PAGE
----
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Hoffmann, R. A wiki for the life sciences where authorship matters. Nature Genetics (2008)

The role of hyaluronan and interleukin 8 in the migration of chronic lymphocytic leukemia cells within lymphoreticular tissues.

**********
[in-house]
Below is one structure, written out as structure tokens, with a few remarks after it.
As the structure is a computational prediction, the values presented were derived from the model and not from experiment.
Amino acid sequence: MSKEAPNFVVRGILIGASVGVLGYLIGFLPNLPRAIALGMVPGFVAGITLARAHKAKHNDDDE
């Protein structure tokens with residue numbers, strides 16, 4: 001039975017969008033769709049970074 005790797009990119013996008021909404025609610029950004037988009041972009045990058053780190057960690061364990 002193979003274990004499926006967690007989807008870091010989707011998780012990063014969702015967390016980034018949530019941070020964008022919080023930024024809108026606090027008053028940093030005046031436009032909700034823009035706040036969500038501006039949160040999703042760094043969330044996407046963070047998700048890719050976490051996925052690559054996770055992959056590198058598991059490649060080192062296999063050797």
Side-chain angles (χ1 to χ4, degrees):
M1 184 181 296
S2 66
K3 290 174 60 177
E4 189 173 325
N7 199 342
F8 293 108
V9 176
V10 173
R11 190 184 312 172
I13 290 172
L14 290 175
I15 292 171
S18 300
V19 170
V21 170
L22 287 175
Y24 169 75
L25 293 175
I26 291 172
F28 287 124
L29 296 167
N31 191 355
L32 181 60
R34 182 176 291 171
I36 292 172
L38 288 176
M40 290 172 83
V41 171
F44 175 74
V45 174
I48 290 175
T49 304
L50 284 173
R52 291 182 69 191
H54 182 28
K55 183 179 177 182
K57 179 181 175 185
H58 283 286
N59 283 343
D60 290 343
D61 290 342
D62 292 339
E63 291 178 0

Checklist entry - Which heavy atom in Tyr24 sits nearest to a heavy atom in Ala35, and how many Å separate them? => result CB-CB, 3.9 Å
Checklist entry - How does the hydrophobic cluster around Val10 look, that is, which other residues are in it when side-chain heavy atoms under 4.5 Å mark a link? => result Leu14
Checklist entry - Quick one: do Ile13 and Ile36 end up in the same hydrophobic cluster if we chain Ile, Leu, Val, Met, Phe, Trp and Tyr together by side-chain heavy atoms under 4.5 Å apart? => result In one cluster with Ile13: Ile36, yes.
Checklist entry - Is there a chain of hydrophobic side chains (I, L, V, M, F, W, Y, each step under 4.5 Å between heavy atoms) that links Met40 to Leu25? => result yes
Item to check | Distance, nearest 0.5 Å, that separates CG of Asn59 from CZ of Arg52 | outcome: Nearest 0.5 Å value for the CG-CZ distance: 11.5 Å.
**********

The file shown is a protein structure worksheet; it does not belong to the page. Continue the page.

Malignant lymphocyte migration into and within lymphoreticular tissue is an important aspect of chronic lymphocytic leukemia (CLL), yet little is known about the processes involved. Our previous studies of integrin expression and function in CLL have shown that the abnormal cells are relatively nonadhesive and nonmotile on the protein ligands of these receptors. Here we show that CLL cells adhere to a non-protein ligand, hyaluronan (HA), and become motile (as assessed by both Boyden chamber migration and time-lapse video microscopy) on this ligand when stimulated with interleukin (IL) 8. The combined presence of HA and IL-8 was essential for this motility because IL-8 did not stimulate movement on other surfaces. Blocking antibodies showed that this motility is mediated by the receptor for HA-mediated motility (RHAMM), without the involvement of CD44. Moreover, confocal microscopy showed a polarized distribution of RHAMM and F-actin, but not CD44, in cells which had become motile on HA in the presence of IL-8. Immunohistochemical studies of nodes and spleen demonstrated an abundant reticular network of HA-containing fibers throughout diseased nodes and in splenic white pulp. The splenic red pulp and the luminal surface of high endothelial venules lacked HA. IL-8 was ubiquitously present in these tissues. CLL cells were shown to move spontaneously on fibroblast monolayers derived from lymphoid tissue; this movement was largely blocked by hyaluronidase or anti-RHAMM or anti-IL-8 antibodies. These studies indicate that IL-8-induced motility on HA is likely to be important for CLL cell migration through lymphoid tissue.[1]


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